From: Patsy — May 04, 2010

Heh heh. I love your sense of humour, Rob. “Out of the mouths of babes”, indeed!

I agree with Alan, and it doesn’t apply only to art.
From: Chris Everest — May 04, 2010

Defending and being defensive…

In the UK our press absolutely adore destroying the concepts of modern art with the voice of the average man in the street. To direct public opinion whether at pickled sharks, layers of bricks or an unmade bed. I find myself defending works that I don’t always believe in. Artists making flippant comments often also serve to detract from their work. Its like the man said I don’t always agree with what is said but I will fight for the right for them to say it. Of course I might be a few peas short of a casserole too.
From: Marilyn Bonnett — May 04, 2010

I was visiting with an art class and admiring The Voice of Fire, when the teacher told us to stare at the middle of the painting and you can actually see flames go up. It is an optical illusion that occurs, because of the particular colors used. Very cool!!

From: Lise King — May 04, 2010

If your work is such that does not convey the story there are always words to fill in the blank. In my opinion the painting was a good background, but missing the words to convey his thoughts into the painting. If he wanted a reaction so that he could share his thoughts… It worked.

Enjoy, Lise King
From: Doug MacBean — May 04, 2010

The majority of artists, on this site, know very well the absence of any artistic merit in “Voice of Fire”. No matter how much verbalizing comes with the “art”, it simply fails. Those with an academic appreciation of painting cringe when stuff like this makes it into our country’s large art galleries. The folks at our national gallery prove, with this kind of purchase, they lack the artistic talent to judge that which has merit, and that which is simply marketing. Gallery walls are for art, not verbalizing, with paint. This is just more graffiti.

From: Linda C. Dumas — May 04, 2010

When you are “nobody” your art can easily be dismissed as “nothing”. When you are “somebody”, does your art automatically become “something”, even if it isn’t?

From: jada — May 04, 2010

The child who saw that the emperor had no clothes is right. Newman was not only a ‘few peas short of a casserole’…any casserole which needs to be ‘explained’ to appreciate it, isn’t a casserole! and the same is true of what is supposed to be a ‘visual’ art.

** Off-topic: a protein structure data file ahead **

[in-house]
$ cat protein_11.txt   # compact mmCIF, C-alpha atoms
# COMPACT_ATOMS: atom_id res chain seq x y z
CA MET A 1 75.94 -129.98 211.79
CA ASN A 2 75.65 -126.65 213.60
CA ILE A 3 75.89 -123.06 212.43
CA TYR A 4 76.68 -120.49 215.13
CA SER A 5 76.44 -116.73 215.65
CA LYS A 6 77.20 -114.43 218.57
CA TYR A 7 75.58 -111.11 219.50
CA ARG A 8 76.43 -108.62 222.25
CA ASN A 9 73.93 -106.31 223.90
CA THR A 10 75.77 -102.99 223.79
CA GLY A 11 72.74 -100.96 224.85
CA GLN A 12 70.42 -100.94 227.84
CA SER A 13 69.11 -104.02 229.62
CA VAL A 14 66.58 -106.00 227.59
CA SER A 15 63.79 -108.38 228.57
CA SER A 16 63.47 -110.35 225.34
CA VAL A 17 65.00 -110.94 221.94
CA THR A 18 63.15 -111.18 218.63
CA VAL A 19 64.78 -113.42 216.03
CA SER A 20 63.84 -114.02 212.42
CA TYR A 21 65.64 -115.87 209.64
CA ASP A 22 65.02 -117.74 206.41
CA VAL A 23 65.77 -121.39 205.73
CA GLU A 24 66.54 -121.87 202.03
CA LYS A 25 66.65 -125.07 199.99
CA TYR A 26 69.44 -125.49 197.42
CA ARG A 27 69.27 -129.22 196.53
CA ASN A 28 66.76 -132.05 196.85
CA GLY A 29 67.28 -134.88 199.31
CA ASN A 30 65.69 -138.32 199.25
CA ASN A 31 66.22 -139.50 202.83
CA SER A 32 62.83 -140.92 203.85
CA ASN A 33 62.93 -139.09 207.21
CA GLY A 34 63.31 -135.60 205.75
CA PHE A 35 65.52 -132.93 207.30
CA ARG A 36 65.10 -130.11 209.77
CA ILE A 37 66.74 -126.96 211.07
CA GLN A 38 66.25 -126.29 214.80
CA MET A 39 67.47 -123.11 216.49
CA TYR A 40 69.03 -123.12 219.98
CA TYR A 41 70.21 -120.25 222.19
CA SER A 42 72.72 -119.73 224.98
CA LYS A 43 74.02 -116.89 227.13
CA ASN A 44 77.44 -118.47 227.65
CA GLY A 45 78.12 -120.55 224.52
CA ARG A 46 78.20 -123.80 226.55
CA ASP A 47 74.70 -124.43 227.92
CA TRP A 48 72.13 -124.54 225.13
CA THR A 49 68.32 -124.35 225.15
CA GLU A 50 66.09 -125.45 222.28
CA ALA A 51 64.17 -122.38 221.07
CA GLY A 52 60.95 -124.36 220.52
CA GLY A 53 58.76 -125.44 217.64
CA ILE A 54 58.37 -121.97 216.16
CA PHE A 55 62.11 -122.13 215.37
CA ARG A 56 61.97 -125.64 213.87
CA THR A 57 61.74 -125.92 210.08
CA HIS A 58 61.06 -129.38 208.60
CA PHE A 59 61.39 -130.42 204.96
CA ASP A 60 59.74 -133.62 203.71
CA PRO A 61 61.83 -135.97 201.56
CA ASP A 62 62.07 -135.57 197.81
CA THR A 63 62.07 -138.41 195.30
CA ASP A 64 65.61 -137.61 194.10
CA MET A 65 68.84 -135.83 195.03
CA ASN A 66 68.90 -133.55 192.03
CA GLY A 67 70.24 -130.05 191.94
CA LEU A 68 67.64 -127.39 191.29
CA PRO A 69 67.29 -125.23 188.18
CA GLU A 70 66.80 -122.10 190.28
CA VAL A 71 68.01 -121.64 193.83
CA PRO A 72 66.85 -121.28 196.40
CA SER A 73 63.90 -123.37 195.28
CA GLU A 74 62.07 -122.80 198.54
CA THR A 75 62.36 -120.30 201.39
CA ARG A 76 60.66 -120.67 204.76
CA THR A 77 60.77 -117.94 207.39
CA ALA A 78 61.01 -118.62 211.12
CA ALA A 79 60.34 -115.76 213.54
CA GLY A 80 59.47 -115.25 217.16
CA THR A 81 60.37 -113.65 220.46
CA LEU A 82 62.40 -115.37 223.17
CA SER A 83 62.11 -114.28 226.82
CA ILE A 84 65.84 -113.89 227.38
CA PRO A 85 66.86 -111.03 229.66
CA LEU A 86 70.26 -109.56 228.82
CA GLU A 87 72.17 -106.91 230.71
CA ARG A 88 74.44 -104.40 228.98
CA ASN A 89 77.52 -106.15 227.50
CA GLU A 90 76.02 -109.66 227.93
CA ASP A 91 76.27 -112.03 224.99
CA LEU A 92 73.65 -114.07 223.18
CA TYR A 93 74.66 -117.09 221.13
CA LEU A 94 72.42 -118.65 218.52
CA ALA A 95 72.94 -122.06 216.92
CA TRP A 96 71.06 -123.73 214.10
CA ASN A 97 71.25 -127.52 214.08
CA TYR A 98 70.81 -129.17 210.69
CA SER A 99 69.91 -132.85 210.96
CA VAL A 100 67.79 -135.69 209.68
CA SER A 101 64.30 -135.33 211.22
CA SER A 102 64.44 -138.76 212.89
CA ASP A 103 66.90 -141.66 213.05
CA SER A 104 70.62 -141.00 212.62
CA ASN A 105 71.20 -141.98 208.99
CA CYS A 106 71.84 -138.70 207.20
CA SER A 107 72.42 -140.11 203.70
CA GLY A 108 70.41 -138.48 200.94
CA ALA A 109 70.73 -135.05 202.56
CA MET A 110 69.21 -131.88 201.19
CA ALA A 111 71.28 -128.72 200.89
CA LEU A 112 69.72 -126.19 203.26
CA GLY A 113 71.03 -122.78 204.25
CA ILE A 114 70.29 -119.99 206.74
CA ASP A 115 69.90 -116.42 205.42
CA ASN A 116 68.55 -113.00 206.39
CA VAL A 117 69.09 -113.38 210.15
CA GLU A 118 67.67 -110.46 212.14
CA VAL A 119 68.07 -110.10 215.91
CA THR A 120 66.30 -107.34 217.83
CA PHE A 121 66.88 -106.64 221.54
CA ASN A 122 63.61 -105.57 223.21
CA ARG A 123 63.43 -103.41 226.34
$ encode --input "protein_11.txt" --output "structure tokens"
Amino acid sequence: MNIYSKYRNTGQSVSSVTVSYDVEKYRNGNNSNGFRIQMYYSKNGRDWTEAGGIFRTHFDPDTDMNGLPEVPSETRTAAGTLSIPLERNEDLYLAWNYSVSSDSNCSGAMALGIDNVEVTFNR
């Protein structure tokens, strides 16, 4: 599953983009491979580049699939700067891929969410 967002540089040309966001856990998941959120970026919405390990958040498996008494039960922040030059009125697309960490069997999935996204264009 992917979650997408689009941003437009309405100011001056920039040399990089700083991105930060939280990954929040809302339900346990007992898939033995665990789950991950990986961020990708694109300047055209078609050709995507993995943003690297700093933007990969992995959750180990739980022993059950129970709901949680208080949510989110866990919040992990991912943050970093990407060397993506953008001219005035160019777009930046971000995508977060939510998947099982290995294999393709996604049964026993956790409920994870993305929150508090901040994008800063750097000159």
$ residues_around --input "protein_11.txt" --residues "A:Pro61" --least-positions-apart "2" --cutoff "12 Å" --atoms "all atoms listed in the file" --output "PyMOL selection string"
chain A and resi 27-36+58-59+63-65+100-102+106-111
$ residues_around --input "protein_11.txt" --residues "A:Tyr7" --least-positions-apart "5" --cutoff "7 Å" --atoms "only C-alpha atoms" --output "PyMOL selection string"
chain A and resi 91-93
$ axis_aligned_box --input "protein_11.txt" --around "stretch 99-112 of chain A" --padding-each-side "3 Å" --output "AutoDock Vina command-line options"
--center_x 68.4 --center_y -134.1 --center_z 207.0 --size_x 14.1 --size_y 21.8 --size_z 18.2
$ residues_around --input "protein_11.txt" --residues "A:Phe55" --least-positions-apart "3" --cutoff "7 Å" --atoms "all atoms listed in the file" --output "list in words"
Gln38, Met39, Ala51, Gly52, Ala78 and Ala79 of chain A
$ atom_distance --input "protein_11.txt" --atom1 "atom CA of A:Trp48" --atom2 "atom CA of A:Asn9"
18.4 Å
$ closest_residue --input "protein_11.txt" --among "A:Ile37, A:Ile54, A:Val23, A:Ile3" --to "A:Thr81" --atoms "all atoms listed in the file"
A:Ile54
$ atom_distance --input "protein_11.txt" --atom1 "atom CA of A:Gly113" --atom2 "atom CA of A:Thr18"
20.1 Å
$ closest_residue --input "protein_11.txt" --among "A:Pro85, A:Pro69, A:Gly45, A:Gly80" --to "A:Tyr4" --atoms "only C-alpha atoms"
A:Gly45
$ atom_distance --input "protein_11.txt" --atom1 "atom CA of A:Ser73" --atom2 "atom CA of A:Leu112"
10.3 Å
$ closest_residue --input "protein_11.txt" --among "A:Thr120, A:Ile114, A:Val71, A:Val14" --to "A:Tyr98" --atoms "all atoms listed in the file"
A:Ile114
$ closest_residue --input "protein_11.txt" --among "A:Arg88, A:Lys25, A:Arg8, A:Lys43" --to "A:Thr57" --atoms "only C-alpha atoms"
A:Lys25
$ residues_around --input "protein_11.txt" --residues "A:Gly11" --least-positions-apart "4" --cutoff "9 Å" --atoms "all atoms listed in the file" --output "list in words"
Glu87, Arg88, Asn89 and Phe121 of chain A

From: Gene Martin — May 04, 2010

If the title , or ism, must explain it then you have missed the mark.

From: R. Duane Hendricks — May 04, 2010

It is tempting to quote “there is a sucker born every minute”, and that some of them receive government funding to spend excessively on works with little or no artistic merit. The money paid could have been better used to commission several works by artists in Canada. I have heard no explanations to convince me that the purchase of “The Voice of Fire” is other than a big and foolish mistake.

From: J. Bruce Wilcox — May 04, 2010

Unfortunately- your explanation might have been helped along a bit by posting the actual size of this work. Large- even towering- isn’t enough. This is one of the main problems with viewing art on a computer. Its real presence is often lost.

Some folks brains simply cannot extrapolate. These 2 colors when used together do cause a vibrating optical illusion- as Marilyn Bonnett suggests. And when combined with a massive size they can work very well at disturbing/disrupting the viewer’s eye. And that can in fact be enough of an interest to make something simple still end up being quite profound.
From: Mike Callahan — May 04, 2010

I’m with the first kid…it’s not very good.

From: Russell Mang — May 04, 2010

All of the comments so far are very interesting and thought provoking…what struck me about this anecdote was that the teacher was dealing with how to appreciate art and how to move past the usual, visceral first response. “Voice of Fire” may or may not be great art but there’s at least one bunch of kids who are developing the ability to appreciate art, regardless of whether they like the art in question!

From: Gail Caduff-Nash — May 04, 2010